Date of Award
Doctor of Philosophy (PhD)
Chemical and Biomolecular Engineering
Warren D. Seider
Safety is paramount to the chemical process industries. Because many processes operate at high temperatures and/or pressures, involving hazardous chemicals at high concentrations, the potential for accidents involving adverse human health and/or environmental impacts is significant. Thanks to research and operational efforts, both academically and industrially, the occurrences of such incidents are rare. However, disastrous events in the chemical manufacturing industry are still of relevant concern and garner further attention – the Deepwater Horizon incident (2010) and the Texas City refinery explosion (2005) being two recent examples.
Many techniques have been developed to understand, quantify, and predict alarm and safety system failures. In practice, hazards are identified using Hazard and Operability (HAZOP) analysis, and a network of independently-acting safety systems works to maintain the probabilities of such events below a Safety Integrity Level (SIL). The network of safety systems is studied with Layer of Protection Analysis (LOPA), which uses failure probability estimates for individual subsystems to project the failures of entire safety system networks.
With few alarm and safety system activations over the lifetime of a chemical process, particularly the critical last-line-of-defense systems, the failure probabilities of these systems are difficult to estimate. Statistical techniques have been developed, attempting to decrease the variances of such predictions despite few supporting data. This thesis develops methods to estimate the failure probabilities of rarely activated alarm and safety systems using process and operator models, enhanced by process, alarm, and operator data. Two repeated simulation techniques are explored involving informed prior distributions and transition path sampling. Both use dynamic process models, based upon first-principles, along with process, alarm, and operator data, to better understand and quantify the probability of alarm and safety system failures and the special-cause events leading to those failures.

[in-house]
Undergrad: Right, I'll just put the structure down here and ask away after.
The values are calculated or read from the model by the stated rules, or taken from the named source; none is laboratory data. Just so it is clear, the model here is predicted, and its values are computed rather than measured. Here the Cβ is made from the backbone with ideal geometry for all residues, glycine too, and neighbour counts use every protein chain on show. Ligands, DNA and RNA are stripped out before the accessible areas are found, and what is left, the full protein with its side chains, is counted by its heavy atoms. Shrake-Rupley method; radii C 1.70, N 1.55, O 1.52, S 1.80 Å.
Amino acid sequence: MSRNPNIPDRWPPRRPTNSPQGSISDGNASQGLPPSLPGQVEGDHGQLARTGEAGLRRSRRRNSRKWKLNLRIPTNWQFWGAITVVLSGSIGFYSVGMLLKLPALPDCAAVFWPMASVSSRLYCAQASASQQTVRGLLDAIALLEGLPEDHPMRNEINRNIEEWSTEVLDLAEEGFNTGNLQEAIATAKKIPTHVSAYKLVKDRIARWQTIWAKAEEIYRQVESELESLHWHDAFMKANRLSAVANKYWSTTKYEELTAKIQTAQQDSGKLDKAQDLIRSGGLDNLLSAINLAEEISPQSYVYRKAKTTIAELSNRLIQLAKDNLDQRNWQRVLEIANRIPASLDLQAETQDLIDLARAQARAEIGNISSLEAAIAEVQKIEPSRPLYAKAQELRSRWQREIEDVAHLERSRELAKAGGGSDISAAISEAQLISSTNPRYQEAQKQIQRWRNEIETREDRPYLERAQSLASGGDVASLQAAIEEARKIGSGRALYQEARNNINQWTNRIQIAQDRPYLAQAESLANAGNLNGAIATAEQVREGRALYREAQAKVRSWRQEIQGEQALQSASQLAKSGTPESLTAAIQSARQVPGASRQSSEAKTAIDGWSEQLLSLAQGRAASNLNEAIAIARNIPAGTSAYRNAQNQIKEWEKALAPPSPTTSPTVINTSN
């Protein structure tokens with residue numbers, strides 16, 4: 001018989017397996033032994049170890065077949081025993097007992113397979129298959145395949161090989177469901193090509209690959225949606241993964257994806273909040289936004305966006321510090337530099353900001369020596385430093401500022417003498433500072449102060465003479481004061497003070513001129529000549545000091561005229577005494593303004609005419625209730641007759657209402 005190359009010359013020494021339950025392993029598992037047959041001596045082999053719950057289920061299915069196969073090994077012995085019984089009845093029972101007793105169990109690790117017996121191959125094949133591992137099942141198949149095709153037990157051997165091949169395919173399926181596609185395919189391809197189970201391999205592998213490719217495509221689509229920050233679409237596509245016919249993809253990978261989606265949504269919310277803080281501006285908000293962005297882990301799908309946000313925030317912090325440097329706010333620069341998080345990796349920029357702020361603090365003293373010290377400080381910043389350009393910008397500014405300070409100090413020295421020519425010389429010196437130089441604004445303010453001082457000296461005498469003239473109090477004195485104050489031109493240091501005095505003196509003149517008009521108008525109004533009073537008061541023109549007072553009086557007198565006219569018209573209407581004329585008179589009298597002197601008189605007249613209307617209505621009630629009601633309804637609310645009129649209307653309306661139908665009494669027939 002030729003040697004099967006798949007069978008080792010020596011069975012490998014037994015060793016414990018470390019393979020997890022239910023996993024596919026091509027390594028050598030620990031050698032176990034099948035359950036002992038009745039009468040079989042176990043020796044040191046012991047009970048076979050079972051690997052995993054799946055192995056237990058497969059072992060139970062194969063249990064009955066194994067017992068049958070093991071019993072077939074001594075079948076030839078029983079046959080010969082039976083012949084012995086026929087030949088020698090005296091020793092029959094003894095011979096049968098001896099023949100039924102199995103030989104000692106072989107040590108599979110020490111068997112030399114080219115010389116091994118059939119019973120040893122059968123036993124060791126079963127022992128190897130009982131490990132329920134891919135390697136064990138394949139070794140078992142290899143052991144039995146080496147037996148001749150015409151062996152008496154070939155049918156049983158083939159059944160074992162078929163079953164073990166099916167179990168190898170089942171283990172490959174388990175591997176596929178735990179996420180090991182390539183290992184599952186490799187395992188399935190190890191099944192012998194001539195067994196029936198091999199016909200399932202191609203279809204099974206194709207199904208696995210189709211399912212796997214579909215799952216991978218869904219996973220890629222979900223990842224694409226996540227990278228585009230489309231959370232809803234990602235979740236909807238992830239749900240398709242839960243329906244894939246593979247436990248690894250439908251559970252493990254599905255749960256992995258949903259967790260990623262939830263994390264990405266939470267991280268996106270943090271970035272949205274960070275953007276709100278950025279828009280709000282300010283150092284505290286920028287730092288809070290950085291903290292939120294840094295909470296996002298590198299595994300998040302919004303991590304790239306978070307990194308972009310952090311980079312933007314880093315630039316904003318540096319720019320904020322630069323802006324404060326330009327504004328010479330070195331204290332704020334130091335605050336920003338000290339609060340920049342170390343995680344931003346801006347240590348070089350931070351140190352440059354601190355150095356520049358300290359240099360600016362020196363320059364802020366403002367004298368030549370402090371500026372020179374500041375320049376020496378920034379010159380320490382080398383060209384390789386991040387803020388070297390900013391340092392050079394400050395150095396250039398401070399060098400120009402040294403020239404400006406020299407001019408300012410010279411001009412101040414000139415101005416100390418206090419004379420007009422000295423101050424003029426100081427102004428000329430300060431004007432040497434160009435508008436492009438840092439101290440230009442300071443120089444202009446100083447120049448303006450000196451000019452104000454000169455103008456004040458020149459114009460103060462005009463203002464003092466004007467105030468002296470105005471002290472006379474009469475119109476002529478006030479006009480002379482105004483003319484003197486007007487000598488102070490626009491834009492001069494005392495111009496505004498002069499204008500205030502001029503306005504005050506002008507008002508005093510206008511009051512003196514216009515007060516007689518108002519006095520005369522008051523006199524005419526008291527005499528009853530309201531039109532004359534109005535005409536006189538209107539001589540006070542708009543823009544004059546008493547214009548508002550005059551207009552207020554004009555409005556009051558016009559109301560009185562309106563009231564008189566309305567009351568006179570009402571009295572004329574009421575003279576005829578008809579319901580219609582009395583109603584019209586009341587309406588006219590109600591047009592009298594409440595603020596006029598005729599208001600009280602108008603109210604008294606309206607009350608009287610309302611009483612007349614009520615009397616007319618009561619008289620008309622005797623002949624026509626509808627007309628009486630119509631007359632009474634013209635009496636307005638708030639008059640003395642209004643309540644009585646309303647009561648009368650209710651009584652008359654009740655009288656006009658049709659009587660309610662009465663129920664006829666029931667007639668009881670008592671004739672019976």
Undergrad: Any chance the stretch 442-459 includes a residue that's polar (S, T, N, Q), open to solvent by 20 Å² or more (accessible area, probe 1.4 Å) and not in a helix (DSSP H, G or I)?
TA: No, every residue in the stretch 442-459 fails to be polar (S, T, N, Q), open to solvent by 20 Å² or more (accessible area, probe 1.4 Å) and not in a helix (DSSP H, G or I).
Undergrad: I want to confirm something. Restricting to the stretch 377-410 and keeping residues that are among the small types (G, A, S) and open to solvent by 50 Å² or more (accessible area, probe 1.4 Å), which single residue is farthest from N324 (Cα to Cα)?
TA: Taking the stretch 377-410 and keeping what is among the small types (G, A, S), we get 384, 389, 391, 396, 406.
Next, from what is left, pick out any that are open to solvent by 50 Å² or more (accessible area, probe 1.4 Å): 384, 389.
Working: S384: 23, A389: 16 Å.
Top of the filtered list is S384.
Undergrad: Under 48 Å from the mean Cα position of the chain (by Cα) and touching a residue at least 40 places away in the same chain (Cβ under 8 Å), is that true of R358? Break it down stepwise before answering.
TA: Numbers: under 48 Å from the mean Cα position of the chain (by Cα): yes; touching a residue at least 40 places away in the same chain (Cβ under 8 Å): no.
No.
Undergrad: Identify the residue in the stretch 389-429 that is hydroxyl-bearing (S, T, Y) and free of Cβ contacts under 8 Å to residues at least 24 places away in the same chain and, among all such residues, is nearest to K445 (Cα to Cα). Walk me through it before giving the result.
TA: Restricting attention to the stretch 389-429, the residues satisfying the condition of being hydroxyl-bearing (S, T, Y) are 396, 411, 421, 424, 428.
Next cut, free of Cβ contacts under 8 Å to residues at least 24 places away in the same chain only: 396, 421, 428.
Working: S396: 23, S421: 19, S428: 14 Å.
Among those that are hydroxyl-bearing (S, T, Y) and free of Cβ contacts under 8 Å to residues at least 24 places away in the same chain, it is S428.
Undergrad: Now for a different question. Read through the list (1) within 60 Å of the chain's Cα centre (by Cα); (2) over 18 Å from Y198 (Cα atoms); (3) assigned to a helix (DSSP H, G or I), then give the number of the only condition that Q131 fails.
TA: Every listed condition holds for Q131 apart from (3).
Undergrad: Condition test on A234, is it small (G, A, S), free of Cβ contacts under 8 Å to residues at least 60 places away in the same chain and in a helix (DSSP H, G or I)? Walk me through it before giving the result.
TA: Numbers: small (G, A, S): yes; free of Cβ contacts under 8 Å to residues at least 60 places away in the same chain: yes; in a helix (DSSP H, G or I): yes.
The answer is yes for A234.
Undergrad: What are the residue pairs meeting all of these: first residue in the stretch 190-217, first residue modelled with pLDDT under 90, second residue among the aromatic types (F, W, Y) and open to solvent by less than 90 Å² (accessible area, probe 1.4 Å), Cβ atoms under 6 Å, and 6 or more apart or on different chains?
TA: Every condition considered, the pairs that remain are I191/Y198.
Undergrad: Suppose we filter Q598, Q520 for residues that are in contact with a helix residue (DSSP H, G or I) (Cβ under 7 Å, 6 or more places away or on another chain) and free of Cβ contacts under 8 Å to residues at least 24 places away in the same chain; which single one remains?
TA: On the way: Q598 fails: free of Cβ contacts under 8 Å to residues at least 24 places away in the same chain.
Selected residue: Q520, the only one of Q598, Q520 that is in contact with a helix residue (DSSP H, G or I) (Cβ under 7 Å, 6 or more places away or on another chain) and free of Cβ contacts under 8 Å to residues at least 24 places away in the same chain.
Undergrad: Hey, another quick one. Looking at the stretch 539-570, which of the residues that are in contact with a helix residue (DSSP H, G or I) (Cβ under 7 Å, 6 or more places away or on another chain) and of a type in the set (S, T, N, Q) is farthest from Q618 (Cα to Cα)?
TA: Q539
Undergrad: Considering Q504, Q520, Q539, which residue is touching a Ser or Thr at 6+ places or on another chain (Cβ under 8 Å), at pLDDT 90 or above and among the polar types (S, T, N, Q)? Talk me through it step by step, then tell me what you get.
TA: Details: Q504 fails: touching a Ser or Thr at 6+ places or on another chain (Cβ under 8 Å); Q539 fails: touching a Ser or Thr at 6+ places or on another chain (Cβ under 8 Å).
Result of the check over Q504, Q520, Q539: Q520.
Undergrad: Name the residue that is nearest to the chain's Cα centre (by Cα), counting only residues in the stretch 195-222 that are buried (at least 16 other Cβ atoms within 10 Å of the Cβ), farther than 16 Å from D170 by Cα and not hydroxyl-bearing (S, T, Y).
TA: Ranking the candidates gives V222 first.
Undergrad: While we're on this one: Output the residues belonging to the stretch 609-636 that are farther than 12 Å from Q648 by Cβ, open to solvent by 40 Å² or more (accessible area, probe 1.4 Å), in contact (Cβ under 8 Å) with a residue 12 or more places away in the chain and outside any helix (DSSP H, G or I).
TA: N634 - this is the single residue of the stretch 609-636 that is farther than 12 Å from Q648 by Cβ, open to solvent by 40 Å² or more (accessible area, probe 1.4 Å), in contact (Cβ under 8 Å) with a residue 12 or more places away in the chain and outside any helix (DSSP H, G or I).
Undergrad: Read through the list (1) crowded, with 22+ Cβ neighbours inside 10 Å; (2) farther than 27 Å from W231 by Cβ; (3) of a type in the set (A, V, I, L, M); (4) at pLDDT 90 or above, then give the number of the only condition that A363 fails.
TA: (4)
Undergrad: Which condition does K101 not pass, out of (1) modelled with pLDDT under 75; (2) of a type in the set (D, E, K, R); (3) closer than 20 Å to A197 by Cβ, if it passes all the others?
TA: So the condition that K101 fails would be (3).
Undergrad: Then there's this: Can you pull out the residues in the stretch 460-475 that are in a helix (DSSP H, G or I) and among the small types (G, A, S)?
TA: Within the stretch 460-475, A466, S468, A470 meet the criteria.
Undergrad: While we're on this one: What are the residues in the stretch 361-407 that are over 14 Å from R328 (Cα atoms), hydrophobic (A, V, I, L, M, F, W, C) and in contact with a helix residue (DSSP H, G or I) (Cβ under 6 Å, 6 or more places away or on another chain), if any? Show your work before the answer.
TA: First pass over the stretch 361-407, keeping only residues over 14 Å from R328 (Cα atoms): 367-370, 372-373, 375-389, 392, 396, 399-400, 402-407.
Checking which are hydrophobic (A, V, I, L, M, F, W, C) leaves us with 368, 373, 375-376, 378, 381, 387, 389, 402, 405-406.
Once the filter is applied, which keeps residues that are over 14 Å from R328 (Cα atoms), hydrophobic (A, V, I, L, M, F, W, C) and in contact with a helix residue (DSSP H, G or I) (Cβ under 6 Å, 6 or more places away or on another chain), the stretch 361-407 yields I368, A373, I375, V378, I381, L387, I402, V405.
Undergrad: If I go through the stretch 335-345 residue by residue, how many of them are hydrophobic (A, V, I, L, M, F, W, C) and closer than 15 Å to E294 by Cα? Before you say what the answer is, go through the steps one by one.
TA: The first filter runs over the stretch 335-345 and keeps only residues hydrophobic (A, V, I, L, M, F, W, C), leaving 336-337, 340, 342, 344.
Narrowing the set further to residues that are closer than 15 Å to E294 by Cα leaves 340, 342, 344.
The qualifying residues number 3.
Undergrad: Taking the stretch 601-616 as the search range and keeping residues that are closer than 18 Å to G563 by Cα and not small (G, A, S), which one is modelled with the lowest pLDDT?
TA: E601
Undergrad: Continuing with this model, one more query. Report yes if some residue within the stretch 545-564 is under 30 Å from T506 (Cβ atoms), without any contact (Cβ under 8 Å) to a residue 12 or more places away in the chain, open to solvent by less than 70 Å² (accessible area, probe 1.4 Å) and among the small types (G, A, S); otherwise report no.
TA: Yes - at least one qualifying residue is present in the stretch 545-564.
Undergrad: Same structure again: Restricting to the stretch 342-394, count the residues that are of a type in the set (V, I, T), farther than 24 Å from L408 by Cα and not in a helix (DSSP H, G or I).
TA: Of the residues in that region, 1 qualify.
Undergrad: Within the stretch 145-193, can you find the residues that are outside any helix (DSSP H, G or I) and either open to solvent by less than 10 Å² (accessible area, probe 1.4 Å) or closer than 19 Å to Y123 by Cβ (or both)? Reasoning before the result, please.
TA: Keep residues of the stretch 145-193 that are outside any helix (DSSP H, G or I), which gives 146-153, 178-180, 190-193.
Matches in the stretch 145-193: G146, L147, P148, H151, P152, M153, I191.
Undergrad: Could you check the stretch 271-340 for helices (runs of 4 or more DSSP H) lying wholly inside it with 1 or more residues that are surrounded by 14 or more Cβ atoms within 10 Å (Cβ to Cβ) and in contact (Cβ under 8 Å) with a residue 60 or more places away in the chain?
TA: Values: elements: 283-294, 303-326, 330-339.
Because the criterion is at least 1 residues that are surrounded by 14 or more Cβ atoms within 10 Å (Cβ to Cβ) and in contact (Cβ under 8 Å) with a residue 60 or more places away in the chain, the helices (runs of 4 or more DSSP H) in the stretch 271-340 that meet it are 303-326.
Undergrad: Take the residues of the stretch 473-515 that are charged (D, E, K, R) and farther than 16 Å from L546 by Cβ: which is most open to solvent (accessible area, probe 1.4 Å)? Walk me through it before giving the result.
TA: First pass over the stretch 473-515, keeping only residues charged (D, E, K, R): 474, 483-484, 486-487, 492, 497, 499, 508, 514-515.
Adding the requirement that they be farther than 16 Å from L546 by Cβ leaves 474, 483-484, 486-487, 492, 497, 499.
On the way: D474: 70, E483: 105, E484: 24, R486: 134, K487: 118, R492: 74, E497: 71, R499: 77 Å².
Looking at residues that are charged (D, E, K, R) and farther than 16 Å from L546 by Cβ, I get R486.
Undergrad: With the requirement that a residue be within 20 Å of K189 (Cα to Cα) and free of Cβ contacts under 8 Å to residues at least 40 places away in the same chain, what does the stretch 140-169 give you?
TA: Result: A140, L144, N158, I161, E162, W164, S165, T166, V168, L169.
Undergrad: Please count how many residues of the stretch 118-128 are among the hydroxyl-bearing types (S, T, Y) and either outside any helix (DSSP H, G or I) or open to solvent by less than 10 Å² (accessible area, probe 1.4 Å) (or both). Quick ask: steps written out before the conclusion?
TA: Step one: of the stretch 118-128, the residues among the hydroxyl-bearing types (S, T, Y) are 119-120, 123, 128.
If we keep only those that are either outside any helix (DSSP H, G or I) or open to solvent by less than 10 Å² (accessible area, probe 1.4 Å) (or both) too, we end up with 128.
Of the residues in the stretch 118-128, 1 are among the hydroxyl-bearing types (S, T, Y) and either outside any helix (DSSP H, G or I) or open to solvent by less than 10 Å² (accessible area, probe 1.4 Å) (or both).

In the informed prior distribution technique, process and alarm data are analyzed to extract information regarding operator behavior, which is used to develop models for repeated simulation. With alarm and safety system failure probabilities estimated for specific special-cause events, near-miss alarm data are used, in real-time, to enhance the predictions.
The transition path sampling method was originally developed by the molecular simulation community to understand better rare molecular events. Herein, important modifications are introduced for application to understand better how rare safety incidents evolve from rare special-cause events. This method uses random perturbations to identify likely trajectories leading to system failures – providing a basis for potential alarm and safety system design.
Moskowitz, Ian Hunter, "Predicting Alarm And Safety System Performance Using Simulation" (2016). Publicly Accessible Penn Dissertations. 2487.